Cognitive Conditioning

There are two types of brain connectivity.  The first is brain reserve, which is generated starting around 42 days of age. The second is cognitive reserve, which is a measure of the connectivity we develop throughout life or in other words, the integrity of our brain. We have no influence over the former at this point, but we do have control over the latter and can do things to expand it, even later in life.  It's never too late to teach an old dog new tricks!

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Neuro Naps

Okay, I have to apologize because I've been sleeping on this blog.  I hate to make excuses, but I've been content and busy with a new job, fully immersing myself in SoCal living (I mean, I even bought a long board), marathon training and getting my Zzzzz's. Without further ado, welcome to installment 5/6 in my brain health series! This series is inspired by 'The Alzheimer's Solution' by Drs. Dean and Ayesha Sherazi. 

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Stress Management for Your Memory

Welcome to installment 4/6 in my brain health series! This series is inspired by 'The Alzheimer's Solution' by Drs. Dean and Ayesha Sherazi. In my first post, I explained that lifestyle choices can prevent up to 90% of Alzheimer's cases.  For the 10% of cases that can't be prevented due to very strong genetic risk (such as in those that carry the APOE4 gene), lifestyle changes can delay presentation or progression of the disease by up to 15 years. There are 5 main lifestyle tenets for optimizing brain health that I am covering over the course of this blog series.  They include nutrition, exercise, stress management, sleep and regularly engaging in complex cognitive activities. The focus of this post is stress management and its impact on brain health.

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Cerebral Cardio (Exercise and Brain Health)

One of the most pertinent relationships between exercise and brain health has to do with blood flow.  Anything that reduces blood flow throughout the body (such as reduced pliability of arteries, arterial plaques, high cholesterol, and long periods of inactivity) also reduces cognitive function because, well, less blood flow to your brain.  Reduced blood flow especially impacts the medial temporal lobe of the brain, which governs short-term memory.  It’s no coincidence then that this is often the first noticeable symptom of cognitive decline.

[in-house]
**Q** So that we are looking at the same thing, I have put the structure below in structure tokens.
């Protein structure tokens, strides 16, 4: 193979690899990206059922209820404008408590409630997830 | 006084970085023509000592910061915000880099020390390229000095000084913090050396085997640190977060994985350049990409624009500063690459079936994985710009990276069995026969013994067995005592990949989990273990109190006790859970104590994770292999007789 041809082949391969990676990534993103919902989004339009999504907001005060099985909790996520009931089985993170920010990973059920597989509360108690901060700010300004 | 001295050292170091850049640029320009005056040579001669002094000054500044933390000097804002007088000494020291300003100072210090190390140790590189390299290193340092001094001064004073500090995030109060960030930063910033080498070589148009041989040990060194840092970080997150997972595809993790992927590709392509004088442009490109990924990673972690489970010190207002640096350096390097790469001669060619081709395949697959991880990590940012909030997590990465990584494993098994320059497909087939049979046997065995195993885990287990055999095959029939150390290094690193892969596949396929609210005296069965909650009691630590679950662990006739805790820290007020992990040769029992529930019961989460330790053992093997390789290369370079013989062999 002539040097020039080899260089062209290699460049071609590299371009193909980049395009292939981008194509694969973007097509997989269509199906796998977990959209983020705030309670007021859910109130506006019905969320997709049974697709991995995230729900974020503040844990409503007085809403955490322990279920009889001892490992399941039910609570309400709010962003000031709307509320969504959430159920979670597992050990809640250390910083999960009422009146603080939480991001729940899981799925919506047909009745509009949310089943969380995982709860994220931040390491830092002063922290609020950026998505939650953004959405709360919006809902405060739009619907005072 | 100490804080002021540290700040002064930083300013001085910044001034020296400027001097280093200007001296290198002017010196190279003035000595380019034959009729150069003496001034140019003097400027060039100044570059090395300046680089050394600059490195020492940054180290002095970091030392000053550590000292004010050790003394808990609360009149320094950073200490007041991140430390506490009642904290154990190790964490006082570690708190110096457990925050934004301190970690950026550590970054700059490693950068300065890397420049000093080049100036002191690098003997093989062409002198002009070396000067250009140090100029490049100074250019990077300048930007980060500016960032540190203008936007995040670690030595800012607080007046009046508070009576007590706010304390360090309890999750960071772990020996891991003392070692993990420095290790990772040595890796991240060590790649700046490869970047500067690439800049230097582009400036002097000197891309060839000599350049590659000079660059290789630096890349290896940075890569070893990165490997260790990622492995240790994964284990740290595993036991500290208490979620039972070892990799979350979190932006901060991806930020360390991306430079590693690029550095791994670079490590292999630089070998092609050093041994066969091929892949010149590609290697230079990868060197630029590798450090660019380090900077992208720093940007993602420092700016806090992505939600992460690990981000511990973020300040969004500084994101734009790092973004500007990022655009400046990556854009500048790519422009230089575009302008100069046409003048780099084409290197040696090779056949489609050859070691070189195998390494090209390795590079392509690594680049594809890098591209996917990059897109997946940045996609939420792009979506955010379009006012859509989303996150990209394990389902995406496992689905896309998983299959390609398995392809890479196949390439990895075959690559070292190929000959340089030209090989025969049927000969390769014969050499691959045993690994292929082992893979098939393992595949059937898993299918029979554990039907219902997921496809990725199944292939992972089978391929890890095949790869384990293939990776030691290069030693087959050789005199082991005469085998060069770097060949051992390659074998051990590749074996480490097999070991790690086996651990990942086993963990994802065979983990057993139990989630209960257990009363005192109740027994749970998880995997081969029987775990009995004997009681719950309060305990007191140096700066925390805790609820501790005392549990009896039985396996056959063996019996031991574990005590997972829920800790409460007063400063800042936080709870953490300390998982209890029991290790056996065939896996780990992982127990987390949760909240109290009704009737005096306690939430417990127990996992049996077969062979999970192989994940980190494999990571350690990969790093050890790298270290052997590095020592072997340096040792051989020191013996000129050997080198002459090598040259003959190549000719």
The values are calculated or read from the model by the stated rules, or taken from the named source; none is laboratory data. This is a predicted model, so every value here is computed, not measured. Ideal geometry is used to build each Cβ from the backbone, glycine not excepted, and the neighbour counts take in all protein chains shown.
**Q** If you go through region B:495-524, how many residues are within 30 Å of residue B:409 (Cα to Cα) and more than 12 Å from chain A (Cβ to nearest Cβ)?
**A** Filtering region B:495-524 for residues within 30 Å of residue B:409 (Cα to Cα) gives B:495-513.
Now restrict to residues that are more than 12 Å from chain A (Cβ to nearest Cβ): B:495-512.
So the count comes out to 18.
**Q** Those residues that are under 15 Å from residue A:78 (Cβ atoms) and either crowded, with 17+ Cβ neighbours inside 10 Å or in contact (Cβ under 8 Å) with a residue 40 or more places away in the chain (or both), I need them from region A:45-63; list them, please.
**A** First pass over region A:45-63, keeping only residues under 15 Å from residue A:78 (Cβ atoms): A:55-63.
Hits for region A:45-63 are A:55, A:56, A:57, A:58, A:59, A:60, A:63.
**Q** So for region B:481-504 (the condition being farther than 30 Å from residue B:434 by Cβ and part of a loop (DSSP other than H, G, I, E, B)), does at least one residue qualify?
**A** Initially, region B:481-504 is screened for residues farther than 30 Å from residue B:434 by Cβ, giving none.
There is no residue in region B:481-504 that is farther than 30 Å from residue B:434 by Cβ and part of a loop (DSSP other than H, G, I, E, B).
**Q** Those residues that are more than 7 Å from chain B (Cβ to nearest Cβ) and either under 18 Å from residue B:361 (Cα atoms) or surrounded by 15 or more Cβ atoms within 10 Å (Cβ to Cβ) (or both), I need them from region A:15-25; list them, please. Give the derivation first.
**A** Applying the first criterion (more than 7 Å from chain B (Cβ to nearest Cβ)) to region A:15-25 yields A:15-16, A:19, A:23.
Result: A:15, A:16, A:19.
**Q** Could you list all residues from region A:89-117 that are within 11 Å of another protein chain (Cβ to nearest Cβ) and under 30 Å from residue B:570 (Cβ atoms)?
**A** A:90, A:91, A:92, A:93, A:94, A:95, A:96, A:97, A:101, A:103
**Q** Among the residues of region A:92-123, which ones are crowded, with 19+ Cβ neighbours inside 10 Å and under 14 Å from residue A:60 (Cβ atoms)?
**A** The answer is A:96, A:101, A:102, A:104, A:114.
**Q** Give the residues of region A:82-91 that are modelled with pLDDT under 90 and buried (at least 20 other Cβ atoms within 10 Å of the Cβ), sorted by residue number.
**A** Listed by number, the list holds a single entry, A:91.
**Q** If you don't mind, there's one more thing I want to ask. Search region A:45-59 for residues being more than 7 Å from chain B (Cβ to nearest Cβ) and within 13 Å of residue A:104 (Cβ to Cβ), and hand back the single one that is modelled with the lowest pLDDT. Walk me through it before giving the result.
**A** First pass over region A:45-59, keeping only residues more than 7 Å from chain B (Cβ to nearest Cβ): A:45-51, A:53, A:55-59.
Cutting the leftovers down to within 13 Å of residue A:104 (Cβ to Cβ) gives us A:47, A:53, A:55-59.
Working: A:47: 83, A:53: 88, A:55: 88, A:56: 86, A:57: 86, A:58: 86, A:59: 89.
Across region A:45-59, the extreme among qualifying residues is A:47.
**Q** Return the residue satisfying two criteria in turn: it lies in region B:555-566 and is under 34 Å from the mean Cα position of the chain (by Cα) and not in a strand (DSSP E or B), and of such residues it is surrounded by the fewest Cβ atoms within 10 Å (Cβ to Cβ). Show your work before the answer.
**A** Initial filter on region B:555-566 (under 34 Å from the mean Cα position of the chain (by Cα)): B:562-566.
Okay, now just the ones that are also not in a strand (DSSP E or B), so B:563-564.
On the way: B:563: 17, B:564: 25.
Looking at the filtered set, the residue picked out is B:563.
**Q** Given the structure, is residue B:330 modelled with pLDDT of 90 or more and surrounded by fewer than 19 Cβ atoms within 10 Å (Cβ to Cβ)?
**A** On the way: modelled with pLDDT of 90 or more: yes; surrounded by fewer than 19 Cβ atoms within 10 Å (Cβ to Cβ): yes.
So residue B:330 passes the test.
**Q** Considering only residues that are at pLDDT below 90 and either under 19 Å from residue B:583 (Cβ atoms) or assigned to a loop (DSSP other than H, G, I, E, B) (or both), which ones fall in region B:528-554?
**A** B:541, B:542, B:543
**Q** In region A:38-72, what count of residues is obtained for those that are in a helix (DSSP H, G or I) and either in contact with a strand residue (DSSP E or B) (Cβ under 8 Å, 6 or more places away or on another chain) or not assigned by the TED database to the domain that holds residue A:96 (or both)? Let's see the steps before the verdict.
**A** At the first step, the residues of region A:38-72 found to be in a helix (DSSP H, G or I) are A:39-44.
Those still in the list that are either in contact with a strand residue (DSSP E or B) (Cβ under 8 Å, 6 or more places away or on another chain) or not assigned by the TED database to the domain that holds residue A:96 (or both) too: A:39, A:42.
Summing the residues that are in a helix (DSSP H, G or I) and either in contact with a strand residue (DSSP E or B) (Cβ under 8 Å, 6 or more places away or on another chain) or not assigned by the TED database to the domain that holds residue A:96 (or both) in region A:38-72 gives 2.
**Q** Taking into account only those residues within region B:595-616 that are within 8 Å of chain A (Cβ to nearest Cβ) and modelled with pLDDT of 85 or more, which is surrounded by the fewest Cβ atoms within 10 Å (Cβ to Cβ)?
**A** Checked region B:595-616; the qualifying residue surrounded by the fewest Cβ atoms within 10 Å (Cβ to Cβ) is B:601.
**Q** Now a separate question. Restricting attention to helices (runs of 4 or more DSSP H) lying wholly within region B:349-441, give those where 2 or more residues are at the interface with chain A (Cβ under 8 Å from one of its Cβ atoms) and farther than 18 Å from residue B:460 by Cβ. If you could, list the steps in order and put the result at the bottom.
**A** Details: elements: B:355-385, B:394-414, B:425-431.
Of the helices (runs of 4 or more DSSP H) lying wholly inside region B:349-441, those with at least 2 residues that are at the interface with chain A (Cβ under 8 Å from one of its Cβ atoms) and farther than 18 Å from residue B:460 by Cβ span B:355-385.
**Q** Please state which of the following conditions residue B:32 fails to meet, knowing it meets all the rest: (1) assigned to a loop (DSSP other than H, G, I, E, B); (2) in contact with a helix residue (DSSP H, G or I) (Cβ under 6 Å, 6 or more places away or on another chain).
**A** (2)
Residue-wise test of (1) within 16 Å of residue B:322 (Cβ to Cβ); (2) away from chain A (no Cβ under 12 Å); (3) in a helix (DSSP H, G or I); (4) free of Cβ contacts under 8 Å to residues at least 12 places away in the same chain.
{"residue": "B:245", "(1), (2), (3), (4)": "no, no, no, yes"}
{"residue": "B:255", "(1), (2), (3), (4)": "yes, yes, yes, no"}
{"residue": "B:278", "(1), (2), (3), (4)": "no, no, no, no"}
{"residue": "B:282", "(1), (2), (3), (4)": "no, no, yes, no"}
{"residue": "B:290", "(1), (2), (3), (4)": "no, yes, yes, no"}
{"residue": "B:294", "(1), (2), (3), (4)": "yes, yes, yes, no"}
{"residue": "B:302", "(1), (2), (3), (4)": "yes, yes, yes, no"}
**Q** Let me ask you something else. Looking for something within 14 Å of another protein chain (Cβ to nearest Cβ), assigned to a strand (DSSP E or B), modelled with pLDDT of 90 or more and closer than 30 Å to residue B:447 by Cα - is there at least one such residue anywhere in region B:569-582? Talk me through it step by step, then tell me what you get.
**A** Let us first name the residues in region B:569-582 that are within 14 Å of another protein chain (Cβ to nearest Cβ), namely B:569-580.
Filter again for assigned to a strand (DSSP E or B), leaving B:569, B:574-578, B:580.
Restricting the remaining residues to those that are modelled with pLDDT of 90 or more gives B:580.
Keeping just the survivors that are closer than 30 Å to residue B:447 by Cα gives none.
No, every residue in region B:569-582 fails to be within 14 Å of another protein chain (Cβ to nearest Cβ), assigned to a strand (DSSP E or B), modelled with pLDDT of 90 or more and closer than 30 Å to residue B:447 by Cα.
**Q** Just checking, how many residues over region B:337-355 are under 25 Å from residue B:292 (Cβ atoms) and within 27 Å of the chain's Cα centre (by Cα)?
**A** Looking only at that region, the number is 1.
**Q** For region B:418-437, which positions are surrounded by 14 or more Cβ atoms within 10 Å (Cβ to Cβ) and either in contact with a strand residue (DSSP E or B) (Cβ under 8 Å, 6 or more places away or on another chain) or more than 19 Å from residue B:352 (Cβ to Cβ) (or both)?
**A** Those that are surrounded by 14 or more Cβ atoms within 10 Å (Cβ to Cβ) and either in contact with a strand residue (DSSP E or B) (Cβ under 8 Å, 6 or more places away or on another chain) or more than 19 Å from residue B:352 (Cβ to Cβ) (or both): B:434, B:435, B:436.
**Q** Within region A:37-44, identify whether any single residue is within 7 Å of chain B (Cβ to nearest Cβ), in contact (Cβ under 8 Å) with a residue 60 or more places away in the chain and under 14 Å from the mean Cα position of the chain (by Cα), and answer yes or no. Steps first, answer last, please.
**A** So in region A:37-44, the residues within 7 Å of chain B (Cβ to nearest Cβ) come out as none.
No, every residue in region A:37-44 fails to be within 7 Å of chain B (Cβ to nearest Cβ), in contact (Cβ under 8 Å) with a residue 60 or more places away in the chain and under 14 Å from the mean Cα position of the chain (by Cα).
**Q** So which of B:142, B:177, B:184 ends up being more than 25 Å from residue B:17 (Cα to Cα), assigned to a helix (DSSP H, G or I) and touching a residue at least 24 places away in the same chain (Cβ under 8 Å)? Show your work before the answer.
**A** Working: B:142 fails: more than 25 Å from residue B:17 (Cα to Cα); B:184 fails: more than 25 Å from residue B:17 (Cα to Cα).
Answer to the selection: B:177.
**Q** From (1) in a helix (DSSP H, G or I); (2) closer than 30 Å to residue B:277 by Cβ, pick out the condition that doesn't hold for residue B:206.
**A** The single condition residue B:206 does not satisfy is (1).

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Build Your Own Brain Shield

 I'm obviously a long-time believer in using lifestyle medicine to prevent and manage the majority of chronic diseases, but while it seems intuitively obvious that gorging oneself on processed foods can't be good for your brain, I hadn't read a lot about lifestyle and brain health (outside the realm of mental health).  That's why I was particularly interested when I heard about 'The Alzheimer's Solution' by Drs. Dean and Ayesha Sherazi, who are co-directors of The Brain Health and Alzheimer's Prevention Program at Loma Linda University Medical Center in California.  I think this book is applicable to EVERYONE of ALL ages and I highly recommend reading it, but I will do my best to summarize their research over the course of a few sequential blog posts.  

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Superfood Spotlight: Amla Powder

Recently though, I've made an exception to my own rule and started enthusiastically recommending Amla Powder.  Never heard of it? Neither had I until about a year ago. Amla is powdered dried Indian Gooseberry fruit which has been used for centuries in Ayurvedic medicine and now there are lots of evidence-based Western medical studies supporting its use. 

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December 2017 and January 2018 Hit List

I've been slacking a little the last two months, so this list encompasses  the things that made me smile, think, celebrate and learn in December, 2017 AND January, 2018. This month I am also celebrating 15 years of independence from meat, fish and poultry and this year marks 10 years completely powered by plants!

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You've Got the (Healing) Power

Just like healthy eating, meditating, shifting mindsets, journaling and retraining stress responses are also preventative practices.  Someone could easily be in tip-top marathon shape and eat all the broccoli in the world, but still succumb to illness if plagued by chronic, poorly managed stress. 

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